Tragedy Girls Movie Review
Written by Karin Crighton
Released by Gunpowder & Sky
Directed by Tyler MacIntyre
Written by Chris Lee Hill, Tyler MacIntyre, and Justin Olson
2017, 98 Minutes, Rated R
Theatrical release on October 20th, 2017
Brianna Hildebrand as Sadie Cunningham
Alexandra Shipp as McKayla Hooper
Jack Quaid as Jordan Welch
Kevin Durand as Lowell
Aspiring social media stars Sadie and McKayla are lifelong friends, close as sisters and operating with a hive-mind...of evil. Their Twitter, Tumblr, and blog are all devoted to mourning classmates who perish under tragic circumstances, and they feed off the likes and shares. But when those channels aren't getting enough likes, they decide to take matters into their own hands: by causing some tragedies. But every action has an equal and opposite reaction, and soon Sadie and McKayla are the ones running for their lives. Can they survive? Can their friendship? And can they just agree on gold balloons for the prom? High school is not easy for the Tragedy Girls.
Tragedy Girls is by no means cerebral, but it's not dull. The dialogue seems mostly improv and the leads actresses toss quips around easily. Alexandria Shipp (playing McKayla) particularly shines, garnering empathy for what should be a despicable person. The murder scenes are gruesome, but due to the ineptness of two seventeen-year-olds trying to kill adults they're often comical as well.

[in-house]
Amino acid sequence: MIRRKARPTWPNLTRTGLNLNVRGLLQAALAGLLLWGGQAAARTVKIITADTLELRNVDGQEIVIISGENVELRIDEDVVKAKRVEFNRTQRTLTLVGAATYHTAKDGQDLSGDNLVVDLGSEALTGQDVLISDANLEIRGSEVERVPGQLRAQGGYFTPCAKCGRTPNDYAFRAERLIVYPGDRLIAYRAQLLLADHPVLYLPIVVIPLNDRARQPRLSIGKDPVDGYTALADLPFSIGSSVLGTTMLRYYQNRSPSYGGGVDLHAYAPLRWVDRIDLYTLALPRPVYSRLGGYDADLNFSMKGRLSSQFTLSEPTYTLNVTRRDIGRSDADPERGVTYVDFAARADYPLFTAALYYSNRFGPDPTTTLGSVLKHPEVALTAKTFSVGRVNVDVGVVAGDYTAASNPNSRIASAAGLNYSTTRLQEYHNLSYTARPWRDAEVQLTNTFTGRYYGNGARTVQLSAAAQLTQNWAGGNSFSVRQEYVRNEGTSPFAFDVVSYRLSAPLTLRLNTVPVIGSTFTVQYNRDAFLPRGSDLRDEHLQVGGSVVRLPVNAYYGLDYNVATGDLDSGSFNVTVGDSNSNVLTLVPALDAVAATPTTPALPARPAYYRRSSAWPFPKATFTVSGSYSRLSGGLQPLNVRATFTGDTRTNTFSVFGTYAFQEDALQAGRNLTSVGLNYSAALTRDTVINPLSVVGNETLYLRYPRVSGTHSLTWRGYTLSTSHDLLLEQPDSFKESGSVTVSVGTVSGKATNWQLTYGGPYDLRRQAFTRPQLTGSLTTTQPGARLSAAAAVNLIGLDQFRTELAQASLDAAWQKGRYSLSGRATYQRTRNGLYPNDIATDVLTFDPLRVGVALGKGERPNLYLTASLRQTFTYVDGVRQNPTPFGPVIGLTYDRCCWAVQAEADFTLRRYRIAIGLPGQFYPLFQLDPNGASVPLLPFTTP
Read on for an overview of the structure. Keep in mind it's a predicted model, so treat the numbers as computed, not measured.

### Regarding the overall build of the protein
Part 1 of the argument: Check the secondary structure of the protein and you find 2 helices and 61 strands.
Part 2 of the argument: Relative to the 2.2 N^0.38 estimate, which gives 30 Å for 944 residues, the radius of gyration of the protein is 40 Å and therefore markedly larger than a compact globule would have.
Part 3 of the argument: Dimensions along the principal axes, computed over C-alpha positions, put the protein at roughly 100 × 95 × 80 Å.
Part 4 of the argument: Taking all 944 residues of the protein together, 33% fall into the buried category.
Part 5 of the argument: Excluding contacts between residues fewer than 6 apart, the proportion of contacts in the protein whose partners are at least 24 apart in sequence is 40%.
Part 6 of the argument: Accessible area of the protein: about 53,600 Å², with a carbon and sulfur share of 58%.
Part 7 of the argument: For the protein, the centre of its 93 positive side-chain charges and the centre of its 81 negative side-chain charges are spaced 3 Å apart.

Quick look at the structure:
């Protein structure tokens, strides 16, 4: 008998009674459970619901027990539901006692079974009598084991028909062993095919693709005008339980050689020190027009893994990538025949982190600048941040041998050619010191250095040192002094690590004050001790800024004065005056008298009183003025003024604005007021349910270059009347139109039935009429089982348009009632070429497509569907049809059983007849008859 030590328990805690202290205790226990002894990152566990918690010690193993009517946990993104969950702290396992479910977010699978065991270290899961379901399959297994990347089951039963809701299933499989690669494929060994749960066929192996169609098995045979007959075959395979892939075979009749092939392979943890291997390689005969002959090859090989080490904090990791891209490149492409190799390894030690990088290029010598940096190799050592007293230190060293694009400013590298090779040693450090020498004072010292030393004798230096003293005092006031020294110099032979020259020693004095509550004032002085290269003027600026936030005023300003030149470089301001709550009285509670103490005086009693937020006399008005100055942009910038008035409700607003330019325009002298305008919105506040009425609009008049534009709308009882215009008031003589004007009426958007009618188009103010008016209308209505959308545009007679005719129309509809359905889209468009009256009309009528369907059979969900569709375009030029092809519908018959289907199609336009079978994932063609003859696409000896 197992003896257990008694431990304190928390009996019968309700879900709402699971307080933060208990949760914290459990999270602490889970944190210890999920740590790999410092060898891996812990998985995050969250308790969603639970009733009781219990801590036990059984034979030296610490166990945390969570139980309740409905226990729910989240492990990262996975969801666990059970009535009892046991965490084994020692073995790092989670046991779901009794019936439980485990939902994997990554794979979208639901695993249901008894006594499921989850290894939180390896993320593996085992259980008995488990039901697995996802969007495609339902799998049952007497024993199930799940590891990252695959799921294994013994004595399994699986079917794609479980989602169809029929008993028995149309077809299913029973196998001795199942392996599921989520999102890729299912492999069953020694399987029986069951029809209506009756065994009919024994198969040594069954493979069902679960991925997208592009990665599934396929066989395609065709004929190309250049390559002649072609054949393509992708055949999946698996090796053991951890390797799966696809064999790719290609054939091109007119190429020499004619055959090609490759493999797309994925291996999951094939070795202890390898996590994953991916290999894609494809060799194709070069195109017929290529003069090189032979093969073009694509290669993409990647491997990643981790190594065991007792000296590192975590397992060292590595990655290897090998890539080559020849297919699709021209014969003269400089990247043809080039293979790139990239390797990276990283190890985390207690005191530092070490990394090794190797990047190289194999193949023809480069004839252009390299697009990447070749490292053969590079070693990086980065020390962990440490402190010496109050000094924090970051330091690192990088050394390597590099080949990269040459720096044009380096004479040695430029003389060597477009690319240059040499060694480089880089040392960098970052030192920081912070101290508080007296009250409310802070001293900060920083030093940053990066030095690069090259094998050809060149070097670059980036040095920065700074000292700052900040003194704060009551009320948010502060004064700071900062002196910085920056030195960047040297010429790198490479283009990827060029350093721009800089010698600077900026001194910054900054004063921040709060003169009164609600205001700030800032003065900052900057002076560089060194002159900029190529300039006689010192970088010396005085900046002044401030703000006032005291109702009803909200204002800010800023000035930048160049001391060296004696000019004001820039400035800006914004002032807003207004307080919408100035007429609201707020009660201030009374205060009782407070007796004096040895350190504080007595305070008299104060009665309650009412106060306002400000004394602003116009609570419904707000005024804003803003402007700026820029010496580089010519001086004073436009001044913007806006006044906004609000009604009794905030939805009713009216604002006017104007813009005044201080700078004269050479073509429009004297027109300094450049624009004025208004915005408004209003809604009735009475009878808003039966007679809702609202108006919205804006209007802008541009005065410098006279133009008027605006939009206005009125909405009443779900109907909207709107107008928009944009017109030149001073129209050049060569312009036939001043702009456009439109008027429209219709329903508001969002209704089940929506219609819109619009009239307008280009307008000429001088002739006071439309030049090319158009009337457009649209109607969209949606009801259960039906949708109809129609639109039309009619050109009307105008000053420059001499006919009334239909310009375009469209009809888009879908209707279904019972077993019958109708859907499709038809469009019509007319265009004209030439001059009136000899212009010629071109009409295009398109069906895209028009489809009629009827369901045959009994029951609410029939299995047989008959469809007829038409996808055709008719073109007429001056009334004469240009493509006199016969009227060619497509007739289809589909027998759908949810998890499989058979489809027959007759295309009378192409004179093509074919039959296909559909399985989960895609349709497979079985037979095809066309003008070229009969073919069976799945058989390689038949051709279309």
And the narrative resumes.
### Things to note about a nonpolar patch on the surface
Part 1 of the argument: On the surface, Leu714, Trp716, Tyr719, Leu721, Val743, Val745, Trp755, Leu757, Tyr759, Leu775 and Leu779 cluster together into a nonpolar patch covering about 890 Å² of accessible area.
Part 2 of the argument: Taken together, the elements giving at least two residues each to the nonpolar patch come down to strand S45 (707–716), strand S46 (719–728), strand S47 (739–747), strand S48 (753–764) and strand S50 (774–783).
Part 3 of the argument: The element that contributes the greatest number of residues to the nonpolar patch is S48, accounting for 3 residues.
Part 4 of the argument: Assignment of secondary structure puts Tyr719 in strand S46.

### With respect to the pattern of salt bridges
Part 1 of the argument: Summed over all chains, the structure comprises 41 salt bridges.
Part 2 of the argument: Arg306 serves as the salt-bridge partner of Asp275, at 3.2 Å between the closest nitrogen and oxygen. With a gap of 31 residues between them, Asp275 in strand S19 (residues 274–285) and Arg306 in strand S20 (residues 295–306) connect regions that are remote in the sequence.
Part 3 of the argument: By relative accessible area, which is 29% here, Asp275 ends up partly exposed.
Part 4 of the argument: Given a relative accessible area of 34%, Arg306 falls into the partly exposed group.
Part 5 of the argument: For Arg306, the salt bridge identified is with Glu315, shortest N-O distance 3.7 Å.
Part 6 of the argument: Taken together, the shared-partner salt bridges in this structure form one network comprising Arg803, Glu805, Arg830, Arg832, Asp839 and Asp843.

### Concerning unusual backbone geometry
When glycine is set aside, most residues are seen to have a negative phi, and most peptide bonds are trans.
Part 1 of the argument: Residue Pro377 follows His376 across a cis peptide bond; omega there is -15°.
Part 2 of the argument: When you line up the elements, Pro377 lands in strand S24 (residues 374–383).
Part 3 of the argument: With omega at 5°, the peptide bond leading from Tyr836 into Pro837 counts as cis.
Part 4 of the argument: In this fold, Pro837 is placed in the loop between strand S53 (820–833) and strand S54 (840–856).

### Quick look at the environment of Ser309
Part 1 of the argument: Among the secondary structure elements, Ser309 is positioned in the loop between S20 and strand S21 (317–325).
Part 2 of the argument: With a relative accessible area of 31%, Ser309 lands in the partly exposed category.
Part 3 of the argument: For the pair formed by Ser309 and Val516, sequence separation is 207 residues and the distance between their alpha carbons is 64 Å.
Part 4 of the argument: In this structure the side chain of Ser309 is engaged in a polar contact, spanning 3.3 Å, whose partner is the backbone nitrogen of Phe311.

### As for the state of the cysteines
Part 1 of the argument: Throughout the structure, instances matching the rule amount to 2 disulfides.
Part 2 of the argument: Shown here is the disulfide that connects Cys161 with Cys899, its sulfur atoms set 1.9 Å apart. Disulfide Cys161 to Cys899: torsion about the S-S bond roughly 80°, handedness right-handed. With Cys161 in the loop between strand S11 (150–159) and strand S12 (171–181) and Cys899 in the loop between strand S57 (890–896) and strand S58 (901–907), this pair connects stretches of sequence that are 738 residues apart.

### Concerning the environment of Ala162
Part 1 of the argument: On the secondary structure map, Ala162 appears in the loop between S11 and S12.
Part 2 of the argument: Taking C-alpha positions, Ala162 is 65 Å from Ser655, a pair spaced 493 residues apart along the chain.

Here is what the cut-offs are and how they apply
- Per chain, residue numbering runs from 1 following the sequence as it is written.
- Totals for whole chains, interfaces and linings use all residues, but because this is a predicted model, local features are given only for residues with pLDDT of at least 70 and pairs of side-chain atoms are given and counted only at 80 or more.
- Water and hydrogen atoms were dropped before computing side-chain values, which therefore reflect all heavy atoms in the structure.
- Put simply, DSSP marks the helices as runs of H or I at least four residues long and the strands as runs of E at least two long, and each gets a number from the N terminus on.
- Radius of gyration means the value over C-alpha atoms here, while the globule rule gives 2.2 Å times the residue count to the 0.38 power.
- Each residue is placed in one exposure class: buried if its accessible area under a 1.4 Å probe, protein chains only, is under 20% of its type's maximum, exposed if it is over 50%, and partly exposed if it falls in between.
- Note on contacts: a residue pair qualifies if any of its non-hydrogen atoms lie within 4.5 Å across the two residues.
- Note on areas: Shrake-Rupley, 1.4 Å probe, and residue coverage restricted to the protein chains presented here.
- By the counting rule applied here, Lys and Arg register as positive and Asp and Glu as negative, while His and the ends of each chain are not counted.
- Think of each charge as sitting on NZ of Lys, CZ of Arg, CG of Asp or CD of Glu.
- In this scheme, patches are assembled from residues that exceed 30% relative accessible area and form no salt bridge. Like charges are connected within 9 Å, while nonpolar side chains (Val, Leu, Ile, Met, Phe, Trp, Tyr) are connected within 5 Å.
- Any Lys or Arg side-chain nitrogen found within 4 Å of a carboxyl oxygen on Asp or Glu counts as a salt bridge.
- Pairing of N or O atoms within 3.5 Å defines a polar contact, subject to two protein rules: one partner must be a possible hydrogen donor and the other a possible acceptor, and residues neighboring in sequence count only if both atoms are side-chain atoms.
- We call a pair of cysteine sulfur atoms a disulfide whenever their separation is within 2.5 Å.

The art direction provides a needed step-up for this movie. Likes and hearts timed with stylized entrances, animated cutouts of serial killer facts, and the way light plays on knives elevates what could be a silly teen movie to a slightly higher plane. There's a beautiful sequence where dropped coffee mixes with blood like a symphony. Speaking of, the music is spot on for every scene; the soundtrack alone is catchy and dark.
You couldn't say this film has morality, but it has a juxtaposed mournful levity that suits the subject matter. The ending is somewhat unsatisfactory; the happiness and optimism of the wrap up is grim and uneasy knowing what must lie ahead. It is curious why this movie ends with such an upbeat tone seeing the shocking horror that lay before. It could be a set up for a sequel. Or it could be that we rarely see the justice in the real world, so why put it in a movie?
Tragedy Girls is a fun, peppy, fashionable horror flick but don't expect to learn anything from this high school movie.
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